On green twigs, the infection can be small orange brown blisters or may form a brown band that encircles the young twig. This girdles the twig and results in death. Those particular symptoms are most common on oak and ironwood trees.
The tree disease is most often severe on the lower and inner branches of the tree but may progress up through the canopy. The disease is most common during cool wet springs.
Oak Anthracnose & Sycamore Anthracnose
Infection is these trees begins with the leaves. The fungus grows through the veins, down the leaf stem, and into the branch. The fungus survives through the winter in cankers. There is waits until conditions are favorable to infect the tender new growth of emerging spring leaves. The impact of this disease is much worse during years with heavy rainfall and low temperatures. Trees are not particularly healthy can also suffer worse than those who are strong and healthy. For images of anthracnose infected sycamore trees click here.
Dogwood anthracnose was discovered fairly recently (1987). Millions of flowering dogwoods were killed and disfigured by the disease. This particular strain of anthracnose-causing fungi often develops a purple border between the dead infected area of the leaf and the healthy tissues. In dogwoods, dieback of twigs and branches occurs in the lower crown and many small branches shoot from the main stem of the tree. This is called epicormic branching and is a tree’s reaction to stress.
In dogwood anthracnose, the fungus causes cankers that can kill the tree. Large trees often die 3 to 4 years after the first symptoms appear. Young trees usually die the same year. For images of dogwood anthracnose click here.
It is important to remove diseased limbs and any leaves that have fallen. The disease can overwinter on fallen leaves. Removing them will reduce the risk of a new infection the following spring. Prune the tree or shrub to remove infected twigs, increase light penetration, and improve air circulation throughout the canopy.
If a tree is suffering from anthracnose try and reduce any other stressors including drought, and improper nutrition. A soil test can identify any soil amendments that are needed for optimal health of your tree.
Fungicides are only necessary if the tree has been completely defoliated several years in a row. Applying a fungicide will protect leaves before the fungi infect the tree. Therefore the timing of application should be before symptoms appear. For large trees, help from an arborist specializing in tree health care who can apply the fungicide with high-pressure spray equipment is needed in order to cover the whole tree.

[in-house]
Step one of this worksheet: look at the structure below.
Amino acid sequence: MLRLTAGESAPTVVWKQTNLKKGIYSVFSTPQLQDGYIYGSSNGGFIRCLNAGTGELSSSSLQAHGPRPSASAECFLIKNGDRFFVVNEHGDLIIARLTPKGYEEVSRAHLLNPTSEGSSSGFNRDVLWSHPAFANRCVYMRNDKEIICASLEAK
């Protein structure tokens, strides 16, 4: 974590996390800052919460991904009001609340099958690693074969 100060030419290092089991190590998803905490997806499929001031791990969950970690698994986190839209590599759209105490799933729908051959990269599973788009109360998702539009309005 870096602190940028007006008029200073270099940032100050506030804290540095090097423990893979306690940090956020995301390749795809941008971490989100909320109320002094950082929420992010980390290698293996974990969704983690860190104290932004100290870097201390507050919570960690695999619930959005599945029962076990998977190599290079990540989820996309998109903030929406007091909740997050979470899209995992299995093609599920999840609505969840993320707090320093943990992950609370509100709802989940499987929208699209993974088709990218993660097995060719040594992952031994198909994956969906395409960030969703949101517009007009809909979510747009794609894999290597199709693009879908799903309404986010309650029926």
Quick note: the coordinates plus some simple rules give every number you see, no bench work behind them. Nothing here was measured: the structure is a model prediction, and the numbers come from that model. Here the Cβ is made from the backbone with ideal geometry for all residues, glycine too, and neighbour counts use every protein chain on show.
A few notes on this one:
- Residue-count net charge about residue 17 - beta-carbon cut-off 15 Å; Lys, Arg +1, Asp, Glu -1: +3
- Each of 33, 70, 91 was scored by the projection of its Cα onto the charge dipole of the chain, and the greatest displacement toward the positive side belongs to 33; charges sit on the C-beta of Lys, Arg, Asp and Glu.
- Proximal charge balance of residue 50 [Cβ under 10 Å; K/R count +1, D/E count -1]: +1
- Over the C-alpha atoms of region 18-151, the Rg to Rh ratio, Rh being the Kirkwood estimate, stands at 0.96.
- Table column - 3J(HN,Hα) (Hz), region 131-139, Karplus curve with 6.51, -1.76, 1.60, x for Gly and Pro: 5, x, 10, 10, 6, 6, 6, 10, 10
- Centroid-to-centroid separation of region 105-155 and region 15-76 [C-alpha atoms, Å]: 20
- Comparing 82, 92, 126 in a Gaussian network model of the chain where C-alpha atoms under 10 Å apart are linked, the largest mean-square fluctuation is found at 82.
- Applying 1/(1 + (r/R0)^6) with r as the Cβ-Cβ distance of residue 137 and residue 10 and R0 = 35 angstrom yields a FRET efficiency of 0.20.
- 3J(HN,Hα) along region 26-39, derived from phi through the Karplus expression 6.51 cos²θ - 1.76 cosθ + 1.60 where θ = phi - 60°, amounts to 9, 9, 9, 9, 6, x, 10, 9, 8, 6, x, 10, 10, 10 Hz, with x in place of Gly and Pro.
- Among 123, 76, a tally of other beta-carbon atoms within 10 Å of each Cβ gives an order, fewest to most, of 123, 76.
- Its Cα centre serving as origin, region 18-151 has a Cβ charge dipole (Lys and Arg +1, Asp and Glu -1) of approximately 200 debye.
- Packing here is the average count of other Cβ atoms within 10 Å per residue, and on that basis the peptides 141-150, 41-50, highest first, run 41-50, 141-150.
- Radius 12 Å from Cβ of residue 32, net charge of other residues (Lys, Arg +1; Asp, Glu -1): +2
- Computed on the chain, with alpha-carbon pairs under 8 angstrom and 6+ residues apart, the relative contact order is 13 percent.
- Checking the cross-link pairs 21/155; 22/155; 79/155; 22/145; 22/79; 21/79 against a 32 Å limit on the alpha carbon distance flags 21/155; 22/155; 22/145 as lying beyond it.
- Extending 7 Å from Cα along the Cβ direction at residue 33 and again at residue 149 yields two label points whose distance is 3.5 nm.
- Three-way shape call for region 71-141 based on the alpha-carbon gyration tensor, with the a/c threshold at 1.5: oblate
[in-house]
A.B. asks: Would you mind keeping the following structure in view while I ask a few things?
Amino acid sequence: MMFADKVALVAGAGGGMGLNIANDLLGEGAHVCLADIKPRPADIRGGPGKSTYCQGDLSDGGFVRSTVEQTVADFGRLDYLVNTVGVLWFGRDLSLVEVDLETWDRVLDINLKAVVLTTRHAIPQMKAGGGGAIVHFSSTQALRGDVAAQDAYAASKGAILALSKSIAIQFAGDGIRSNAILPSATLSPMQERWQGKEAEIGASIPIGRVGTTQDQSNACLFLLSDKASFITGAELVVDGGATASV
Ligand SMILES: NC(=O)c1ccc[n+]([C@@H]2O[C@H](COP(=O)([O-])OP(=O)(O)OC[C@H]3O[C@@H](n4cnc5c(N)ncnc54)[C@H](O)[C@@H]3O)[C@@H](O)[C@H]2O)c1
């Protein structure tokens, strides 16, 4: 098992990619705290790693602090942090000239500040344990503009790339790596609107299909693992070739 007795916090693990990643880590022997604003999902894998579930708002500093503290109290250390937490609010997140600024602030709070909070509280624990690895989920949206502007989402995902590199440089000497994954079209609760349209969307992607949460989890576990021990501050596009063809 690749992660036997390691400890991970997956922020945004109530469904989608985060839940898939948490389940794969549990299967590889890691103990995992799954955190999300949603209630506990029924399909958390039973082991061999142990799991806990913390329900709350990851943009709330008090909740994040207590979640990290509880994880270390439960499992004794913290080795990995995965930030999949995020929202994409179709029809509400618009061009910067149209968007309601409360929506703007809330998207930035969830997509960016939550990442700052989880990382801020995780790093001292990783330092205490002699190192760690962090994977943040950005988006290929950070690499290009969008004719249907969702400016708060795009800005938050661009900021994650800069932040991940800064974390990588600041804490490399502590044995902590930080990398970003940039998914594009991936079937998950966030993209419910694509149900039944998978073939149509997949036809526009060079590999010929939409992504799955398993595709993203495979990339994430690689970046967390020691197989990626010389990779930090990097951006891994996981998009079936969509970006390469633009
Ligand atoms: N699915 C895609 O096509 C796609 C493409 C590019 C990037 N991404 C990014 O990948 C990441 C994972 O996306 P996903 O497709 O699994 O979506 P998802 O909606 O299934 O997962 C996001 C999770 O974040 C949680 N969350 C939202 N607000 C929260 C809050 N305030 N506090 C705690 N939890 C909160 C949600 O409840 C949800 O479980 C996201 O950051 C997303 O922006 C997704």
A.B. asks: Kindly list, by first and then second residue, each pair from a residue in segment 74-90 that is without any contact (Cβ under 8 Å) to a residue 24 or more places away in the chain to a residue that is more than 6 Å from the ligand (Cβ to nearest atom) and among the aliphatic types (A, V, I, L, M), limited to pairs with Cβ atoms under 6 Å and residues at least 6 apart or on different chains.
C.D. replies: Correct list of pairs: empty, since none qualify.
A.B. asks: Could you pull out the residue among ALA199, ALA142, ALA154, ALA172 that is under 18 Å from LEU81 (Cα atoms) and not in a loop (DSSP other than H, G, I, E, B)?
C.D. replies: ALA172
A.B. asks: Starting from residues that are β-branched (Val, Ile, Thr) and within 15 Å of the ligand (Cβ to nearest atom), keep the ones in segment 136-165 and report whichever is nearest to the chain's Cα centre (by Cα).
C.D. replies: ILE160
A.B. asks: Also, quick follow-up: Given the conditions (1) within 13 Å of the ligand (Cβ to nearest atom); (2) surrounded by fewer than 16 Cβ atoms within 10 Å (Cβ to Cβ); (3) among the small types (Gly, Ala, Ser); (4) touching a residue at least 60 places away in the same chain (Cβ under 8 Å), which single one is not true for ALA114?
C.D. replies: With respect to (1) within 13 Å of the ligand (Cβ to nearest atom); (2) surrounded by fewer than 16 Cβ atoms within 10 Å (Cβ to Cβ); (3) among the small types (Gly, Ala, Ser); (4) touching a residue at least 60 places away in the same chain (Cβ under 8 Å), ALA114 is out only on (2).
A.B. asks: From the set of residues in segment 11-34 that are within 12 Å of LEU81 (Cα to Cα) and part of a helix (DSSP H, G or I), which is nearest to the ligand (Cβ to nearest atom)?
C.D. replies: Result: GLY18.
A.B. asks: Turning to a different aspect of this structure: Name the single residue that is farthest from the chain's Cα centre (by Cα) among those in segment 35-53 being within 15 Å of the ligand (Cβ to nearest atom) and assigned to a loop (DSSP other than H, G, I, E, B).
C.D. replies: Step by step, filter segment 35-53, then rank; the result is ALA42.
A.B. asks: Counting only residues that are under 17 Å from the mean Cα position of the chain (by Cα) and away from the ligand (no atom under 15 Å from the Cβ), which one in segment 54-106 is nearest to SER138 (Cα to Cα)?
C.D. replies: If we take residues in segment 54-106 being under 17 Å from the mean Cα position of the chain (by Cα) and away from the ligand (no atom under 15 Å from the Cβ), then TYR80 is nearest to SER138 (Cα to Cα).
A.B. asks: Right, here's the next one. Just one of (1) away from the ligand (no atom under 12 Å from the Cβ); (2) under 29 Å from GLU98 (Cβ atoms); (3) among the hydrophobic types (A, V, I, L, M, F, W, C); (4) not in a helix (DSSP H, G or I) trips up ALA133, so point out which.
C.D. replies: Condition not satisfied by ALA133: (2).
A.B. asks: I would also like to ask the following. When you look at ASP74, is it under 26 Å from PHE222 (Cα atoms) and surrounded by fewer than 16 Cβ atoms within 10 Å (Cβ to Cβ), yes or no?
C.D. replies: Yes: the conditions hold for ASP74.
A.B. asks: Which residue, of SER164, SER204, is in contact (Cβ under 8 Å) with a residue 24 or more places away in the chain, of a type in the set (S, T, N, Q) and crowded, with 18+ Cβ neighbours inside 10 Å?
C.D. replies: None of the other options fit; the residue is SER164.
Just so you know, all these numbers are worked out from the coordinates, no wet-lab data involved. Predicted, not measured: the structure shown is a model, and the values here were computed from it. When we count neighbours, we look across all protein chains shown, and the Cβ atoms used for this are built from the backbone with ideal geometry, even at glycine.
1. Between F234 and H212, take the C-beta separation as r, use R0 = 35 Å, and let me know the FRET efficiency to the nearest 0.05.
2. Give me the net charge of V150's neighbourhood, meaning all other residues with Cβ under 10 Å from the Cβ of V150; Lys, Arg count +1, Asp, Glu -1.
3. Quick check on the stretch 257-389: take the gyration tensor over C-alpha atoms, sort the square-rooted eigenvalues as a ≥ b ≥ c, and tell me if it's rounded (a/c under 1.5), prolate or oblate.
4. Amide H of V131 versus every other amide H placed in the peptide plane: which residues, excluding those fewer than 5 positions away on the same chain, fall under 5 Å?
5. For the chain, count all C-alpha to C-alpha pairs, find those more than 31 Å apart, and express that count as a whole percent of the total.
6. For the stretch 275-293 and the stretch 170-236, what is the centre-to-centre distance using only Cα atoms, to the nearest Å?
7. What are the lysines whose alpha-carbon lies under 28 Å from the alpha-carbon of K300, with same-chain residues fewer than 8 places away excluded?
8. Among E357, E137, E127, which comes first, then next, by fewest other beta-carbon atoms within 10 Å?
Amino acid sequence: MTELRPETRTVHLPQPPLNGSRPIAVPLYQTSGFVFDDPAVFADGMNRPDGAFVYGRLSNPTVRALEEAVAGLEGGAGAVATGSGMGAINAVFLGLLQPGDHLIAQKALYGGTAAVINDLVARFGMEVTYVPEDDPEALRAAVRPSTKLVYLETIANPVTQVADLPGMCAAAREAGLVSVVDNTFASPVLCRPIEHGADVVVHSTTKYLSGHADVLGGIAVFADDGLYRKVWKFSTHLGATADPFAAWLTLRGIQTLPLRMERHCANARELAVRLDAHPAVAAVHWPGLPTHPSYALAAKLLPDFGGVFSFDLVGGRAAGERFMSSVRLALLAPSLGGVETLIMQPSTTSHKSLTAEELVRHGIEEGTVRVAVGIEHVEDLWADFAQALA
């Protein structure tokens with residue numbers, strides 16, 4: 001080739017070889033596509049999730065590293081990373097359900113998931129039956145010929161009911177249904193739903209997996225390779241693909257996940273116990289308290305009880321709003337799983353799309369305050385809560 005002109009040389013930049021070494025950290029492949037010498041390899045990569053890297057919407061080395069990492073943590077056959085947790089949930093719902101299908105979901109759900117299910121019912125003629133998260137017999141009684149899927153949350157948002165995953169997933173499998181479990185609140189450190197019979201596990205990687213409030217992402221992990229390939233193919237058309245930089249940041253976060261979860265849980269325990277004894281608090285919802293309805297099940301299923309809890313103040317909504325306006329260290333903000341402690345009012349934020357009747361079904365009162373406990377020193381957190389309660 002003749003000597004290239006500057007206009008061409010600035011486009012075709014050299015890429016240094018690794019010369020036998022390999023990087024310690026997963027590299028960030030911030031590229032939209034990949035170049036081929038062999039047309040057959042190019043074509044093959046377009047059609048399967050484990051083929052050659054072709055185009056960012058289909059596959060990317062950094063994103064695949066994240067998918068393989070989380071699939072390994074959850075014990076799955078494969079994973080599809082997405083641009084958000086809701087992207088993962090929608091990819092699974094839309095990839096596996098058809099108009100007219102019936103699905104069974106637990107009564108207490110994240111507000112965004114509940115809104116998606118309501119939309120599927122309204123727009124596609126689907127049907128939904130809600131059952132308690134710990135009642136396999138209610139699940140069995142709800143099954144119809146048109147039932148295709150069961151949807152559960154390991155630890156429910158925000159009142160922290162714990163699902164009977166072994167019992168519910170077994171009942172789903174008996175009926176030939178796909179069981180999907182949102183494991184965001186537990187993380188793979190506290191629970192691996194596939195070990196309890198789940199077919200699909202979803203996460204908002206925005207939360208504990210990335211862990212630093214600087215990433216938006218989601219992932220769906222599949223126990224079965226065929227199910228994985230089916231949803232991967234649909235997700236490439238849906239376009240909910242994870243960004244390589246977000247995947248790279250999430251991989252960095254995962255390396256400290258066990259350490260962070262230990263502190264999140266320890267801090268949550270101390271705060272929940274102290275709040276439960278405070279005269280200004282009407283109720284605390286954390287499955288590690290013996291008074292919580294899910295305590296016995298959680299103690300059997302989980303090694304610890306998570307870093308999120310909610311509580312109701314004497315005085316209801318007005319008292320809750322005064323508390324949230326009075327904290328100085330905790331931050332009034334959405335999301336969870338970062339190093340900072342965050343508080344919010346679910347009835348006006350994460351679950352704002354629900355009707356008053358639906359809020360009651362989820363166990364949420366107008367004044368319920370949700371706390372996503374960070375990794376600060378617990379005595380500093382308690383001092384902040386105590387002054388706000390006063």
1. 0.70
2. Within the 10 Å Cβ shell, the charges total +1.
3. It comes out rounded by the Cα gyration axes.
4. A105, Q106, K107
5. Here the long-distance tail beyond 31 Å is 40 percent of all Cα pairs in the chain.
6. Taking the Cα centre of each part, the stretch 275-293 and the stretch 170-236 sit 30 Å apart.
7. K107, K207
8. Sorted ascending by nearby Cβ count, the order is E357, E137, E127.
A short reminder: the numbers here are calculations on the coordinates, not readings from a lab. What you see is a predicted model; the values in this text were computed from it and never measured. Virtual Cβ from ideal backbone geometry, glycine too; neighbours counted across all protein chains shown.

How do I prevent an infection of Anthracnose?
Airflow and drip irrigation! Those are two important terms you should know when planning and managing your landscape. Good airflow means that plants are not too close together and overlapping. Leaf surfaces will dry more quickly when there is good airflow, reducing the risk of anthracnose-causing fungi to find a place to land and grow.
Using irrigation that delivers water to the base of the plant, where the roots are, is much better than a sprinkler system that sprays water onto the leaves of the plant. Again, wet leaves are far more susceptible to an anthracnose infection than dry ones.
Also, planting the right tree in the right place can go a long way to creating a healthy landscape. For example, plant flowering dogwood in a shady spot where they are protected from the afternoon sun. Trees such as sycamores will grow to become very large. Plant these guys in a place where they have room to grow. Learning about the particular needs of the plants in your landscape can be fun and will help you improve the quality and beauty of your yard. It will also help you prevent diseases such as anthracnose and to identify it early so that steps can be taken to help prevent its spread.